Not wasting any time
Gators, Hurricanes square off on Bourbon Street
Updated: Thursday December 28, 2000 9:09 PM
NEW ORLEANS (AP) -- Apparently, Florida and Miami couldn't wait to resume hostilities in a rivalry that has been on hold for 13 seasons.
A handful of Gators and Hurricanes were involved in a scuffle on Bourbon Street on Wednesday night, the first night both teams were in town to prepare for the Sugar Bowl.
"I guess by last night's events, the rivalry is back, sort of to where it used to be," Florida coach Steve Spurrier said Thursday.
Two Gators were handcuffed, taken to the police station and questioned for about 30 minutes, but no arrests were made and police didn't file an incident report.
How the fight started and the number of people involved varied depending on whose version was told. An eyewitness account from a reporter for the Orlando Sentinel said as many as 40 players were involved. A statement from police numbered it at between 10 and 15.
Coaches, players and police all seemed to agree the fight was minor. No disciplinary action was taken and, other than a scrape under the left eye of Florida defensive end Alex Brown, no visible injuries were noted.
"It was a bunch of trash talking, we just didn't have the pads on," Florida offensive lineman Kenyatta Walker said.
The fight may have rekindled a flame that seemed to die when Florida took Miami off its schedule after the 1987 season. Few of the current players viewed this rivalry as a blood feud. Suddenly, they may have new reason to get fired up.
"It's a bitter rivalry now," Florida linebacker Travis Carroll said. "This just heats it up a bit."
Brown, Reche Caldwell, Gerard Warren, Jabar Gaffney and Andra Davis were among the Florida players involved, according to the Sentinel.
A reporter from WQAM radio in Miami, the flagship station for the Hurricanes, witnessed the verbal confrontation that led to the fight a few minutes later. He said Miami players involved in the shouting included Al Blades, James Lewis, Troy Prasek, Jarvis Gray and Jim Wilson.
"I heard it was a verbal altercation and they did what police asked them to do, which was to walk away from it," Miami coach Butch Davis said. "Our players were very, very proactive in getting out of there, getting to team hotel. I'm proud of our team."
Warren and another Gators player, not identified by New Orleans police, were taken to the police station for questioning. Warren declined comment. Spurrier said he wouldn't be so quick to condemn his star defensive lineman.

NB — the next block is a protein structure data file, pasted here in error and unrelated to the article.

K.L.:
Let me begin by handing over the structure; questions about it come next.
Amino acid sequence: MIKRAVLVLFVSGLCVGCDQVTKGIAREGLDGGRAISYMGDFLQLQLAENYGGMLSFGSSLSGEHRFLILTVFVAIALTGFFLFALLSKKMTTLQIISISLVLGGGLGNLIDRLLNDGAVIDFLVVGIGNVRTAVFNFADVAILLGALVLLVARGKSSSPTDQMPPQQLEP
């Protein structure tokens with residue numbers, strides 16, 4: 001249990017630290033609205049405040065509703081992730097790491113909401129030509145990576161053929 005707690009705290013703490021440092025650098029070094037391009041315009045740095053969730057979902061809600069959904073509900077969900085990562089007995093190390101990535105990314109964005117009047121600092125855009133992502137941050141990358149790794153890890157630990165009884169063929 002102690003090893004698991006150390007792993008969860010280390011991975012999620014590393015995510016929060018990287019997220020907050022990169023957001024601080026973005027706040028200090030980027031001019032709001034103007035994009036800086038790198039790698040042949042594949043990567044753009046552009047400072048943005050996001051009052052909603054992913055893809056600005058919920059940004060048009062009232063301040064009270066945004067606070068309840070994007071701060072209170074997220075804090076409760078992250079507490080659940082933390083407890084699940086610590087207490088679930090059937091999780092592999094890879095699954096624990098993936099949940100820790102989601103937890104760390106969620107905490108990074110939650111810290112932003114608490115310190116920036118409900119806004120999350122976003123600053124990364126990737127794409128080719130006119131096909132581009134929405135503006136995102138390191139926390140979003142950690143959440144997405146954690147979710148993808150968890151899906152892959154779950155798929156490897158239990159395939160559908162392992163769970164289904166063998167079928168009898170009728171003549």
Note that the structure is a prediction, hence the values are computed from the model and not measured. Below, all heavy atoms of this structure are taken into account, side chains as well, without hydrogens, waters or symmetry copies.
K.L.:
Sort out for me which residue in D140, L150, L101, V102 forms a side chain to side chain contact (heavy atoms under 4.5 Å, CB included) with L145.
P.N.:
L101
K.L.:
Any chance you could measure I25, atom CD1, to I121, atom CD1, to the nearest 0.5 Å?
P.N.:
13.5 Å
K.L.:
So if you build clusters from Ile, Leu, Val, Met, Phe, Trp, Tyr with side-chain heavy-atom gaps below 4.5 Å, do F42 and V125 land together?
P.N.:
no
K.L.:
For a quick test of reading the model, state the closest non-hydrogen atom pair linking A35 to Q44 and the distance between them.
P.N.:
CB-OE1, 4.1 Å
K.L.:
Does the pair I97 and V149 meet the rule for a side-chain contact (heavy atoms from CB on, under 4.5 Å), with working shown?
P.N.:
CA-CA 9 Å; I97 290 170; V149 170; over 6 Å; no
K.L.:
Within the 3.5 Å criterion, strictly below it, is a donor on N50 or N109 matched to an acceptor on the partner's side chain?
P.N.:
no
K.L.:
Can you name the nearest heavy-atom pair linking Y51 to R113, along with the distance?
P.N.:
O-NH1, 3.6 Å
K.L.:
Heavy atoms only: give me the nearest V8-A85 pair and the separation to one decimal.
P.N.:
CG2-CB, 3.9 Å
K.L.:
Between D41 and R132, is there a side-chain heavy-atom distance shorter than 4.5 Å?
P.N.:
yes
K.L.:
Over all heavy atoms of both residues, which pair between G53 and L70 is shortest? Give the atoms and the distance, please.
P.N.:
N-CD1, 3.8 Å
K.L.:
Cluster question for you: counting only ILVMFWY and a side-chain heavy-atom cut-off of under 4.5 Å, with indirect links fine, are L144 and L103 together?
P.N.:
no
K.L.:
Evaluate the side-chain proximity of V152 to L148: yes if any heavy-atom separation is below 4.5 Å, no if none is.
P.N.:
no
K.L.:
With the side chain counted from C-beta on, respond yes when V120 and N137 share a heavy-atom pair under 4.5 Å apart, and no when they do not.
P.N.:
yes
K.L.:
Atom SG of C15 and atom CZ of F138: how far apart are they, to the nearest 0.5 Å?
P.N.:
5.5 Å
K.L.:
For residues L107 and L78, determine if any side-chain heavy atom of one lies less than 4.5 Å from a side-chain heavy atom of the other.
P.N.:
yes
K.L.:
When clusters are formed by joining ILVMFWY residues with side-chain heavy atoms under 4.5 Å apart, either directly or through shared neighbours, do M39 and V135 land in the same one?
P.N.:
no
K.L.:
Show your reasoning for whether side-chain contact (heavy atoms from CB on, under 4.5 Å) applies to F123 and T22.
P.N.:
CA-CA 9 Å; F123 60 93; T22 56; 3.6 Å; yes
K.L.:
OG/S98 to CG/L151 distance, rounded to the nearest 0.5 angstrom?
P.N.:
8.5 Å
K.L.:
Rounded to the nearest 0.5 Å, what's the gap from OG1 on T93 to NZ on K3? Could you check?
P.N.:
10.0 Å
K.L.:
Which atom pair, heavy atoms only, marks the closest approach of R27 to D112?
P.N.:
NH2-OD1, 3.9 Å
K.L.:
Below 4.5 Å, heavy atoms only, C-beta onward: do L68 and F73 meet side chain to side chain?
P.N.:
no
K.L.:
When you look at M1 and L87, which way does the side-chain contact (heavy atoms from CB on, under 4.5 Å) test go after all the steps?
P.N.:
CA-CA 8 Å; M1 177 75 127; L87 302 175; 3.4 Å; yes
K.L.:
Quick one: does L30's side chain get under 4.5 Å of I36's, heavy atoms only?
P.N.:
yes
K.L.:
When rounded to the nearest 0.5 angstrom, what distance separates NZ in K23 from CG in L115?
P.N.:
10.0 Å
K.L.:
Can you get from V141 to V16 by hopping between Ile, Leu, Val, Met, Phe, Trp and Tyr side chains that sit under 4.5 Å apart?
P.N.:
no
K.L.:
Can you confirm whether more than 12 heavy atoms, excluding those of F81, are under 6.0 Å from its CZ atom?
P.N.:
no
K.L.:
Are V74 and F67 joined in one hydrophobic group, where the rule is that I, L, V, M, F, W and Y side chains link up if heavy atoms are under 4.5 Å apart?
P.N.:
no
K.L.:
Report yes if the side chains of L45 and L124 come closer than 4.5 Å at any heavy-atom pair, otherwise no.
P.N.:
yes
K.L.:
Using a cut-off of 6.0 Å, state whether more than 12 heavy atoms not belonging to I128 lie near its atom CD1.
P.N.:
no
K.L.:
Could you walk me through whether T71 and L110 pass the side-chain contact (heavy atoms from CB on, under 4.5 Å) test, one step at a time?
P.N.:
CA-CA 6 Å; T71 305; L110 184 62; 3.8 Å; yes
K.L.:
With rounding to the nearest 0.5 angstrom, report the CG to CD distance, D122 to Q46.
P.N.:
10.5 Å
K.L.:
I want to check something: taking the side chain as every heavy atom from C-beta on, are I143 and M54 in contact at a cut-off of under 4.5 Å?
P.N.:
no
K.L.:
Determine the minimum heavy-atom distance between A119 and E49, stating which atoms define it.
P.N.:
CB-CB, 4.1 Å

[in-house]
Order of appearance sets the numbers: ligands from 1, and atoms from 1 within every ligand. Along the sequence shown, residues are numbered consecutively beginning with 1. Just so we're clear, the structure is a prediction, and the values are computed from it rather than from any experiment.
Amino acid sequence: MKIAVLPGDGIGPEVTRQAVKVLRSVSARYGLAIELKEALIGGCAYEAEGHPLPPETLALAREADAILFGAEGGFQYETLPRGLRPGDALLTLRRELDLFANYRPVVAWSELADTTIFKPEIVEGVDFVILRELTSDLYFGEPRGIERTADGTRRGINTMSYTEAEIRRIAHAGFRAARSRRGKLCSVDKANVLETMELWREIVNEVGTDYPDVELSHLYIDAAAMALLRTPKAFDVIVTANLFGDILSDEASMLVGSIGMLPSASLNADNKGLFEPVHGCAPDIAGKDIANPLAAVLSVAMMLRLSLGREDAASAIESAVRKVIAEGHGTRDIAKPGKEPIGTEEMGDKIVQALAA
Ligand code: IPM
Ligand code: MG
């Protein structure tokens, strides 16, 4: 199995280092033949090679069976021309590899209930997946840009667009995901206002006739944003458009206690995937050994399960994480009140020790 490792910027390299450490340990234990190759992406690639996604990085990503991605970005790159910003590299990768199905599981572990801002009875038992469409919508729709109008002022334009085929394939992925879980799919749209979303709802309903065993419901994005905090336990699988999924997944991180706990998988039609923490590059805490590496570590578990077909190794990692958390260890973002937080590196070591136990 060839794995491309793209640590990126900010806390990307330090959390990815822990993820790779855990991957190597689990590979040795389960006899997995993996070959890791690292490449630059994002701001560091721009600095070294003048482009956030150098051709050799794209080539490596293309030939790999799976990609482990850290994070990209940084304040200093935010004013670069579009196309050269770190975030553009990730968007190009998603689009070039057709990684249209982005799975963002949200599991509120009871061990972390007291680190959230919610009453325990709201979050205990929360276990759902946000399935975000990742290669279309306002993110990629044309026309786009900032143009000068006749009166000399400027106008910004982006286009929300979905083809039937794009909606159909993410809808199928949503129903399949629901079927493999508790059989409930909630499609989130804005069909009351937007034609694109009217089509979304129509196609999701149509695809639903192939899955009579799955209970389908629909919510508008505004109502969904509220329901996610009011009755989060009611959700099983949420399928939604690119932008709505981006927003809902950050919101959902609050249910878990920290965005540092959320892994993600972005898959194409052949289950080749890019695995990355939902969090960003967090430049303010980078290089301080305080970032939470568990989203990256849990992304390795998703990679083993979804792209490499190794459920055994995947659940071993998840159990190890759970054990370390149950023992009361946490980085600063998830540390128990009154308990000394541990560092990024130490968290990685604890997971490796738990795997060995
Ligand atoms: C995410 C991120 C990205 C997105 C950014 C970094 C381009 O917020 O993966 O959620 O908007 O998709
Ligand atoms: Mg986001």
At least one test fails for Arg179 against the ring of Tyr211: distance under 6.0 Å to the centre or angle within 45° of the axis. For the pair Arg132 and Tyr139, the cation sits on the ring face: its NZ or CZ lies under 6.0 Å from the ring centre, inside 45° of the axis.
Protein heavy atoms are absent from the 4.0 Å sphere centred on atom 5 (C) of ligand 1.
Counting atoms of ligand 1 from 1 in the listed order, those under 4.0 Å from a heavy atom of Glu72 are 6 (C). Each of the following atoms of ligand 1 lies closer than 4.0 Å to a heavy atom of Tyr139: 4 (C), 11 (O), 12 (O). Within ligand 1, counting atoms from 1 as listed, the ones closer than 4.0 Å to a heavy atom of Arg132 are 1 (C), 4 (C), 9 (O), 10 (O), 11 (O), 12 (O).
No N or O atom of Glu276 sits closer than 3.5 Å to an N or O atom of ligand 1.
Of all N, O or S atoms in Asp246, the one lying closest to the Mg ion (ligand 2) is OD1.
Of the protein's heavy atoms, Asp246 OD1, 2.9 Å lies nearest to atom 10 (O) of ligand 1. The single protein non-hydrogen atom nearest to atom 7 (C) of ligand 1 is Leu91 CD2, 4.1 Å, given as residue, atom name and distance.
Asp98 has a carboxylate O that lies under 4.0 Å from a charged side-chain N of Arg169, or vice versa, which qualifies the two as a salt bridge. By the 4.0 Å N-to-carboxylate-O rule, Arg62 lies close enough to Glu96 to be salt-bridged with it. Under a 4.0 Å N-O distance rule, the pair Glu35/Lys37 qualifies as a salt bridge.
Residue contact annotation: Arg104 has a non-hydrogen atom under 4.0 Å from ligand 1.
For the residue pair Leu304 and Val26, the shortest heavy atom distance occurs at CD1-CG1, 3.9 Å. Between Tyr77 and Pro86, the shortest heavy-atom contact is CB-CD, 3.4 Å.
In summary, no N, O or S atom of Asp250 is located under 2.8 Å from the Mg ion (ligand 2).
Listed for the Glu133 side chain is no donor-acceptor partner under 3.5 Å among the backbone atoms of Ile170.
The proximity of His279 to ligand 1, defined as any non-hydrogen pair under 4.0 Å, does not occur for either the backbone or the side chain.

"You could say it's troubling, or you could say he jumped in there while one guy was getting clobbered by six or seven of them," Spurrier said. "That's the story we got. You've got to get a guy who wasn't a Gator or a Hurricane to tell you what happened. All we can do is say what we know. I'm sure they have their side of the story."
Davis said there was no reason to discipline his players. Spurrier said he wouldn't punish his players unless he got solid information that would show one of them did wrong.
New Orleans police confirmed a fight broke out on Bourbon Street around 11:15 p.m., officers responded to a fight involving several individuals. When they responded, a number of them fled.
No injuries were reported and nobody filed a complaint, so police say there was no reason to file any paperwork.
"We don't document every fight that occurs on Bourbon Street," police spokesman Sgt. Paul Accardo said. "Particularly when there were no injuries and no one's coming forward claiming to be a victim of anything."
The Sentinel reported the fight began in earnest when a Miami player poured a drink over Caldwell's head. Gators linebacker Andra Davis accused Blades of starting the fight.
"We tried to avoid them the whole time," Davis said. "You can only take it so far. They pushed us in a corner and we had to get out of there."
Butch Davis tried to keep Miami players off limits after practice Thursday, although Blades did field a question about his role in the fight.
"I have no comment," Blades said. "They can say whatever they want to say."